Controversy surrounds Surgeon General pick and rate hikes expected for electric company customers
Gov. DeSantis’ pick to be the state’s next Surgeon General has been embroiled in controversy ever since he was announced.
Dr. Joseph Ladapo has spoken out against mask mandates and vaccine requirements-- which has raised concerns in the medical community.
But this week, Ladapo has come under fire for refusing to wear a mask in the office of a state senator who has breast cancer.
Several Democrats and some newspaper editorial boards have called for Dr. Ladapo’s resignation. But DeSantis is sticking by his pick.
“He actually explained he offered numerous accomodations and it was more about an issue. There’s pictures very close with no mask in other instances,” DeSantis said this week. “I don’t see people talking about that, they’re trying to politicize this.”
Earlier this week, Democratic Sen. Tina Polsky, who represents parts of Palm Beach and Broward counties, accused Ladapo of refusing her request to wear a mask in her office.
Ladapo says he offered to accommodate the senator by moving outside. Pictures from earlier in the day do show Polsky alongside other mask-less senators in a committee hearing.
FPL customers will see rate increase
Millions of Florida residents can soon expect higher utility bills.
Earlier this week, state utility regulators approved a series of base-rate increases for Florida Power & Light that will result in higher monthly bills for customers. Bills are expected to rise by 20% over the next several years.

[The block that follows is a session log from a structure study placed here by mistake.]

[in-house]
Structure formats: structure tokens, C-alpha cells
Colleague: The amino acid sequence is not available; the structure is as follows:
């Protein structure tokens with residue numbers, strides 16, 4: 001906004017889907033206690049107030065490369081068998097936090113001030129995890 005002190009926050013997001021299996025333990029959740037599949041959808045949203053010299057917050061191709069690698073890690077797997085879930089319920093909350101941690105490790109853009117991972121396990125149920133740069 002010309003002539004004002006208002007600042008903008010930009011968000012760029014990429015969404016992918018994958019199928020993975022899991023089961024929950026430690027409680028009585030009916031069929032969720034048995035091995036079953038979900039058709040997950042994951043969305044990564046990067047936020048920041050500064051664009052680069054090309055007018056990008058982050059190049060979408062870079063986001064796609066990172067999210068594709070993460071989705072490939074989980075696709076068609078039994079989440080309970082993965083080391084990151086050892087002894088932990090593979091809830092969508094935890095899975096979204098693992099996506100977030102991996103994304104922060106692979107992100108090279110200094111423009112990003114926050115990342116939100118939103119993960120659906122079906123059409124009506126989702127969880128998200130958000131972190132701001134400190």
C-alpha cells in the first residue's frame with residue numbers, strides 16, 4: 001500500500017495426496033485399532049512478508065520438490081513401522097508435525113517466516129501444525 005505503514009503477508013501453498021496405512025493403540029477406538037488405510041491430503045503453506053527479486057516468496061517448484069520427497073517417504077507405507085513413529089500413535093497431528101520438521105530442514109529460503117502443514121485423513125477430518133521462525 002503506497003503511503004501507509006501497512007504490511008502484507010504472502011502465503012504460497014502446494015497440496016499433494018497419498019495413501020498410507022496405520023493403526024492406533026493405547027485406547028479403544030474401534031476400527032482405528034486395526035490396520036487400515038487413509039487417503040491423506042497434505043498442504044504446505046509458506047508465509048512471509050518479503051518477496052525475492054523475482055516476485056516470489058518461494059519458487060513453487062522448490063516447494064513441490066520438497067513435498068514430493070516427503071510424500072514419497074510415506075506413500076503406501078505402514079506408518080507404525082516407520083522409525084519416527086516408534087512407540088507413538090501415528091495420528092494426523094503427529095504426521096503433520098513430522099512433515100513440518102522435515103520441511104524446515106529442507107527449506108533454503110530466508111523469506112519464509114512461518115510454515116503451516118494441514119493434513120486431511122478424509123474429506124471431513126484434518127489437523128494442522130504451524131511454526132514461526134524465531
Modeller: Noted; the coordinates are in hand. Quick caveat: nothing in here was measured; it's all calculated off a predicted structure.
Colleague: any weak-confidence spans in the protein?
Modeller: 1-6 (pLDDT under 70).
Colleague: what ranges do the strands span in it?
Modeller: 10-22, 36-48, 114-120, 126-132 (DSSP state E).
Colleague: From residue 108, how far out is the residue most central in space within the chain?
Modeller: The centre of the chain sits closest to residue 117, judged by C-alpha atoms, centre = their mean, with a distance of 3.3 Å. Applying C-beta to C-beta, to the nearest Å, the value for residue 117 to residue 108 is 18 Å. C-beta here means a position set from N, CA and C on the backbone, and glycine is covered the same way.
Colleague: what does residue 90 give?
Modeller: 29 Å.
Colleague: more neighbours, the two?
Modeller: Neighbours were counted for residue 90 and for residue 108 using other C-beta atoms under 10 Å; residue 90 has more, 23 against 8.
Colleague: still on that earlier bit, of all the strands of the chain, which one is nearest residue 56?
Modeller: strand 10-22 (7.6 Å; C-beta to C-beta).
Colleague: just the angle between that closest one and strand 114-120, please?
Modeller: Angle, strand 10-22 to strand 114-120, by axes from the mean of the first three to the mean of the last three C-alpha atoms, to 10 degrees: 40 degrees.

Despite arguments that residential and small business customers will end up subsidizing costs for some larger customers, the Public Service Commission unanimously supported this four-year rate settlement. It calls for a $692 million increase in base rates — beginning in January.
An additional increase of $560 million is planned for 2023, with more increases set for 2024 and 2025 to pay for solar projects.
Energy and Policy Institute research associate Alissa Schafer said the reason why the rate hike was approved despite opposition is the result of utilities being able to capture the regulatory environment over the last few decades.
“And when we say the regulatory environment, we're talking about the Public Service Commission. They're the ones that just voted to approve this rate hike. We're also talking about the Office of Public Counsel, and we're also talking about the Florida Legislature,” Schafer said.
“Those three bodies together, really over the last several years, have come under control of the investor-owned utilities, and that's been through a series of millions of dollars of political donations, heavy investment in lobbying. And at the end of the day, it gets us to where we are here, where we see this $1.5 billion dollar rate hike, hitting the residential customers the hardest.”
FPL customers will start seeing higher utility bills in January 2022.